Cult Hamburg-based football club St. Pauli is best known for its left-leaning supporter base and the fact it often puts community initiatives and social issues ahead of profit. One of the club’s logos — a white skull and crossbones on a black background — tells you everything you need to know about the anti-establishment mentality of the club.

So, why should St. Pauli’s jerseys be any different? This past weekend, the club announced that it was kicking adidas, Nike, Under Armour, and other kit manufacturers to the curb in favor of designing and producing its own jerseys for next season. The reason for this radical approach (almost all professional teams in Europe are signed with big sportswear companies) is that none of the brands could satisfy St. Pauli’s standards for sustainably-produced, transparent, and fair trade jerseys. Under Armour is St. Pauli’s current kit manufacturer, however, the deal runs out at the end of this season.

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A statement on the official club website reads: “The club has been working on the project since 2018, looking for a kit supplier that produces performance wear sustainably and transparently and supports fair trade. As no external provider was able to meet the criteria in full, the club will assume responsibility for production itself in future.”

“In launching our own teamsport collection, we remain steadfastly on our path of independence. The strength of a member-run club is reflected in the implementation of our members' ideas,” says club president Oke Göttlich. “In this way, we can face any crisis together. DIIY, incidentally, is derived from the term DIY, or do it yourself. That's exactly what FC St. Pauli is all about - not just moaning, but doing it better yourself.”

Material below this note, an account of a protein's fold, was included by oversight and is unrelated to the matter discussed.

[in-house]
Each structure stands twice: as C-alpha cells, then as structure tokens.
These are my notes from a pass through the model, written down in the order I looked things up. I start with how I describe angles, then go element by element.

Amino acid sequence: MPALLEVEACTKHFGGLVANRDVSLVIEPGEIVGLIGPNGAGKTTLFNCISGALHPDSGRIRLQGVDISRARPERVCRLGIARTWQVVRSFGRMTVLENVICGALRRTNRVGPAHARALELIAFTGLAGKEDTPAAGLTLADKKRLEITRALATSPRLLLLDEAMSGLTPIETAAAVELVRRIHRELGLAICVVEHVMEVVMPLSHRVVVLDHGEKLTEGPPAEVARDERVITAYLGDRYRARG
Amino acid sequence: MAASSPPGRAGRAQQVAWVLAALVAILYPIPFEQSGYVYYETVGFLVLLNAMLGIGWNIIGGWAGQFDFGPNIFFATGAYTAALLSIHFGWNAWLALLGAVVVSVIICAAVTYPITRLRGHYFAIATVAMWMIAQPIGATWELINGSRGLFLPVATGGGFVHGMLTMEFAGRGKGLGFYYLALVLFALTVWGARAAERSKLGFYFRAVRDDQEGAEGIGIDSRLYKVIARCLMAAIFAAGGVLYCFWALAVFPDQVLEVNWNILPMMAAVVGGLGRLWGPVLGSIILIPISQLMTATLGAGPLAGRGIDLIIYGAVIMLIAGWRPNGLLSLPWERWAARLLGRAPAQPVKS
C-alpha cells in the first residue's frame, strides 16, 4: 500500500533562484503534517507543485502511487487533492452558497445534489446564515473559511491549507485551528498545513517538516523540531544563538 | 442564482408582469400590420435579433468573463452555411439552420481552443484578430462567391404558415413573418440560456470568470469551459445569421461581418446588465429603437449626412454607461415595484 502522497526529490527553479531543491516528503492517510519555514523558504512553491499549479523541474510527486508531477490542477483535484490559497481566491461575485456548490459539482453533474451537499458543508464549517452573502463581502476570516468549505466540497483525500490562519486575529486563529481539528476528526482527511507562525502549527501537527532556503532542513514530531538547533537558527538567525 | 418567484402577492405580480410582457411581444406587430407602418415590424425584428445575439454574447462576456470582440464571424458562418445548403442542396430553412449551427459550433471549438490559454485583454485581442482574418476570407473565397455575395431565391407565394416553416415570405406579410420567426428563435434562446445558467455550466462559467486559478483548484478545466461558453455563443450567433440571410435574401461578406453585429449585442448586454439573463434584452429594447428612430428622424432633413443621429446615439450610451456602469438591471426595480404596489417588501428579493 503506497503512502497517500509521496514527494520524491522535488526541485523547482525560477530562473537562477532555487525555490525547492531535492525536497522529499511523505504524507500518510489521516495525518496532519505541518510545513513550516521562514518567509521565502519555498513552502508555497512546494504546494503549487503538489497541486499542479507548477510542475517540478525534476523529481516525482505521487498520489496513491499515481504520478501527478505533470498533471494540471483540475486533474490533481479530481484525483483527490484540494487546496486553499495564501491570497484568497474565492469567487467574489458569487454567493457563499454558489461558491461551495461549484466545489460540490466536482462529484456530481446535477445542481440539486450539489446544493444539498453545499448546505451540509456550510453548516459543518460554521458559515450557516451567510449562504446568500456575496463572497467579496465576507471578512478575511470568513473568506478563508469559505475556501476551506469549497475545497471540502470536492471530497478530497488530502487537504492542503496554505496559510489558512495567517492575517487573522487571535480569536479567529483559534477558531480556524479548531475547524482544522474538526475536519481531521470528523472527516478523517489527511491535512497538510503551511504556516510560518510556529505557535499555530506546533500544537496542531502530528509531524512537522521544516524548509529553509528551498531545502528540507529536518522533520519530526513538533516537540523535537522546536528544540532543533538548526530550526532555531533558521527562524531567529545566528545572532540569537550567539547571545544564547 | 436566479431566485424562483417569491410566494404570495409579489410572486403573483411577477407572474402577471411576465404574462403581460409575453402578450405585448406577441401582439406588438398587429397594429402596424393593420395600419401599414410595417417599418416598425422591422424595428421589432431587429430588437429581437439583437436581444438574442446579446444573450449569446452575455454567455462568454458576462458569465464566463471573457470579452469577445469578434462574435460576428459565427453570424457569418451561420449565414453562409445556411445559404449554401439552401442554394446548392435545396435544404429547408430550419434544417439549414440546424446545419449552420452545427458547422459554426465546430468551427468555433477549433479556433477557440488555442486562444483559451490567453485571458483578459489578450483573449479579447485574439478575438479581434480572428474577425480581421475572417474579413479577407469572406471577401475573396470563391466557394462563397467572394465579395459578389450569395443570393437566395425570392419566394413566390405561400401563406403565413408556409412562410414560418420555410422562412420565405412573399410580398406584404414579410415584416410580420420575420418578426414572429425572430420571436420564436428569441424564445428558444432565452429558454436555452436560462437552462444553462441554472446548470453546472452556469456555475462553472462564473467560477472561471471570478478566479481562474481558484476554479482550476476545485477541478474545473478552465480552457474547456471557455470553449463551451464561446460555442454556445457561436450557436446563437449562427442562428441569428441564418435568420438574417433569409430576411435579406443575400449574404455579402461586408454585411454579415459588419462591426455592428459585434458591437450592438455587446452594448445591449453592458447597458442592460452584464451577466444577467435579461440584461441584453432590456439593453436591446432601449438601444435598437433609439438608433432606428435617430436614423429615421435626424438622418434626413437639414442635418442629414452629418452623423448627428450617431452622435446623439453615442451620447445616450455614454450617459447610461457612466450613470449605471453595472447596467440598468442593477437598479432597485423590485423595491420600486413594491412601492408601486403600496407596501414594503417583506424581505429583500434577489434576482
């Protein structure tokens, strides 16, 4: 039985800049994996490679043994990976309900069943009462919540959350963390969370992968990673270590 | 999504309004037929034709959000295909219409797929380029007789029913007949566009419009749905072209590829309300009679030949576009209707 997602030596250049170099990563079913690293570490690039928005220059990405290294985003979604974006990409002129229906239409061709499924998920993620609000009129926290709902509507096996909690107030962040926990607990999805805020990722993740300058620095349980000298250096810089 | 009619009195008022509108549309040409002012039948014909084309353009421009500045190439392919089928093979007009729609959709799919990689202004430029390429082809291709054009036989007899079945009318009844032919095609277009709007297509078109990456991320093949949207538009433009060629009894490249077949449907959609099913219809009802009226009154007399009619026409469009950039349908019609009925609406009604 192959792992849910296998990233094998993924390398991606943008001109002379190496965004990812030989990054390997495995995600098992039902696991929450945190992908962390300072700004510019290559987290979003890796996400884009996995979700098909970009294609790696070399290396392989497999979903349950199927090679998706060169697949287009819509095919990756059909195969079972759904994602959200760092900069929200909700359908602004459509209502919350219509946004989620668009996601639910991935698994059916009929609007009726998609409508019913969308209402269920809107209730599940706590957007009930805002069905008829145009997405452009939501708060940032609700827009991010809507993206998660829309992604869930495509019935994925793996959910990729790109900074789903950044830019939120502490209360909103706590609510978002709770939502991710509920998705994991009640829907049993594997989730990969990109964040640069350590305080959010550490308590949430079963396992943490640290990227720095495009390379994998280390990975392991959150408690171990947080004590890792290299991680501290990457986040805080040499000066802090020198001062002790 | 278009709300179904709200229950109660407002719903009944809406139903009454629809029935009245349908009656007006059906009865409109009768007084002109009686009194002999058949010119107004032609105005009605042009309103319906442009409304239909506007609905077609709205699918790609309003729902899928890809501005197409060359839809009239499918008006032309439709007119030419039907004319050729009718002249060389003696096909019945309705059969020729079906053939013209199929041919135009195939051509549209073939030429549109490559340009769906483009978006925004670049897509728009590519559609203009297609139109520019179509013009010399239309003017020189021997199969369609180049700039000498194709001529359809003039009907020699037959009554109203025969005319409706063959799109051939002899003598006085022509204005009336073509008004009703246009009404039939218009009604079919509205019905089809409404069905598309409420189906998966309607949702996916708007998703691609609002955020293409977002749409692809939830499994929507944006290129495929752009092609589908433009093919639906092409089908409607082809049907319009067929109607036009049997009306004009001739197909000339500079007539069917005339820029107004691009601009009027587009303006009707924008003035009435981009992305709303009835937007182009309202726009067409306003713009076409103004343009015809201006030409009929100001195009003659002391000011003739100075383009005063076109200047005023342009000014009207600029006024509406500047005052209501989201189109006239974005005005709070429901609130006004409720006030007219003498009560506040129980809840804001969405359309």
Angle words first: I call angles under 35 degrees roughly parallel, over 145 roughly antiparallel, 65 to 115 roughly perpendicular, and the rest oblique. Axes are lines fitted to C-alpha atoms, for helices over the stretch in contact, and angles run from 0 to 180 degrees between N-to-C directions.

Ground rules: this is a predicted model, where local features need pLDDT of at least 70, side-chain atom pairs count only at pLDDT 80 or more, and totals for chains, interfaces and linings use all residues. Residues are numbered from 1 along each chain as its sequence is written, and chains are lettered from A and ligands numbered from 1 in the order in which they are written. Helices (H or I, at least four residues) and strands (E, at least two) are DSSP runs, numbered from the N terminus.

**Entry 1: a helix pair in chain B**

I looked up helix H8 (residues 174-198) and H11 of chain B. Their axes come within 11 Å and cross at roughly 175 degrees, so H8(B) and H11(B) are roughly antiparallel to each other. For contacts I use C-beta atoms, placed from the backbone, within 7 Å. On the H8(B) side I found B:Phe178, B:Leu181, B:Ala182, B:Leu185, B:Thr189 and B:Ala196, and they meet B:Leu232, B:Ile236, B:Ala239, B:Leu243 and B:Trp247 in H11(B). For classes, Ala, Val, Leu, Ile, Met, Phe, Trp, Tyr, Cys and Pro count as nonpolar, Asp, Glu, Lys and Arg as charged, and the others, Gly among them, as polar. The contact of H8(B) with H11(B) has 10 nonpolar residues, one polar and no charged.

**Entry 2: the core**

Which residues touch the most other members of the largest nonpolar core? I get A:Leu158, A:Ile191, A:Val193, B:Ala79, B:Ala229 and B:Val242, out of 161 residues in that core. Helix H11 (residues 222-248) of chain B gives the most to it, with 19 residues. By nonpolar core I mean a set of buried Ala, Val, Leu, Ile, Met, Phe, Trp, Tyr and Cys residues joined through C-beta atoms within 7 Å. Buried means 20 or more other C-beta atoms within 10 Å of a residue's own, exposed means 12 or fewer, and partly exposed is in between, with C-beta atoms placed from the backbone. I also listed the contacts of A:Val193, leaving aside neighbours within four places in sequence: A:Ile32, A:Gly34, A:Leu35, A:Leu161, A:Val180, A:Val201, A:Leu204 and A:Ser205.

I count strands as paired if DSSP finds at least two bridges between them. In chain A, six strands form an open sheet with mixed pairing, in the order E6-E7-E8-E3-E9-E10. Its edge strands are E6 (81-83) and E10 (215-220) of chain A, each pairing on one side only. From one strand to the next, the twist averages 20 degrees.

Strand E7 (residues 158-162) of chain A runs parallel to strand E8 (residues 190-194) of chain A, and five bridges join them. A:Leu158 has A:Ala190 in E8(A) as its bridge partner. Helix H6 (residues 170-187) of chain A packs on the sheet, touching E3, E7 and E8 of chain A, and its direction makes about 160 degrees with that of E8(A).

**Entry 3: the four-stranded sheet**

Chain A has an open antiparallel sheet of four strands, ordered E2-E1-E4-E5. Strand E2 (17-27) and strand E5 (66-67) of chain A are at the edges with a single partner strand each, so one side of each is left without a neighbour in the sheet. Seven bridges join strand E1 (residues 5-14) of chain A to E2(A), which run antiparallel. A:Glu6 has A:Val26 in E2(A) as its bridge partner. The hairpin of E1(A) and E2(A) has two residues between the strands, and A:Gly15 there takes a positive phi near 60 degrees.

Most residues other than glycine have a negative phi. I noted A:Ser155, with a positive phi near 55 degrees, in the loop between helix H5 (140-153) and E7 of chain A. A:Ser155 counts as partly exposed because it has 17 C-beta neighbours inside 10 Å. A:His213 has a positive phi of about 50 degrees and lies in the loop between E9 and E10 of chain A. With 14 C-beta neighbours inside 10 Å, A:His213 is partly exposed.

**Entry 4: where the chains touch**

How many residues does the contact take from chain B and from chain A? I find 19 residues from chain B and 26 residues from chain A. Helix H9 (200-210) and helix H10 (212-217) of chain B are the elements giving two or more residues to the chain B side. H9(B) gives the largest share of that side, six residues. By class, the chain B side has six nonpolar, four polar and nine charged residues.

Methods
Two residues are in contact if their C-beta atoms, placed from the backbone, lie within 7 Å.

The move may come as a surprise to outsiders, but fans of the club or those aware of the club’s previous initiatives (St. Pauli keeps bees at its stadium and produces its own honey; it once even had exotic dancers in its VIP lounges) will be less surprised. Regardless, St. Pauli continues to do what it’s always done and, in this case, could blaze a trail in professional sports.

Football, like the rest of fashion, has a big sustainability problem. Jerseys are designed and released with a built-in expiry date, as clubs get a new set of kits every season. St. Pauli is one of few clubs that looks to be going the extra mile. adidas and Nike have made attempts at bringing recycled materials into the production of their jerseys, though St. Pauli’s statement seems that major sportswear brands are still not doing enough.

Another team that has made a name for itself with regards to sustainability, is UK club Forest Green Rovers, who are widely considered to be the most environmentally-conscious football club in the world. Its jerseys are made out of bamboo and count Hector Bellerin as an investor.

St. Pauli’s new jerseys will be worn for the 2021/22 season and will be available for pre-order in December. The collection, which St. Pauli has aptly named DIIY, will be on sale starting May 2021.

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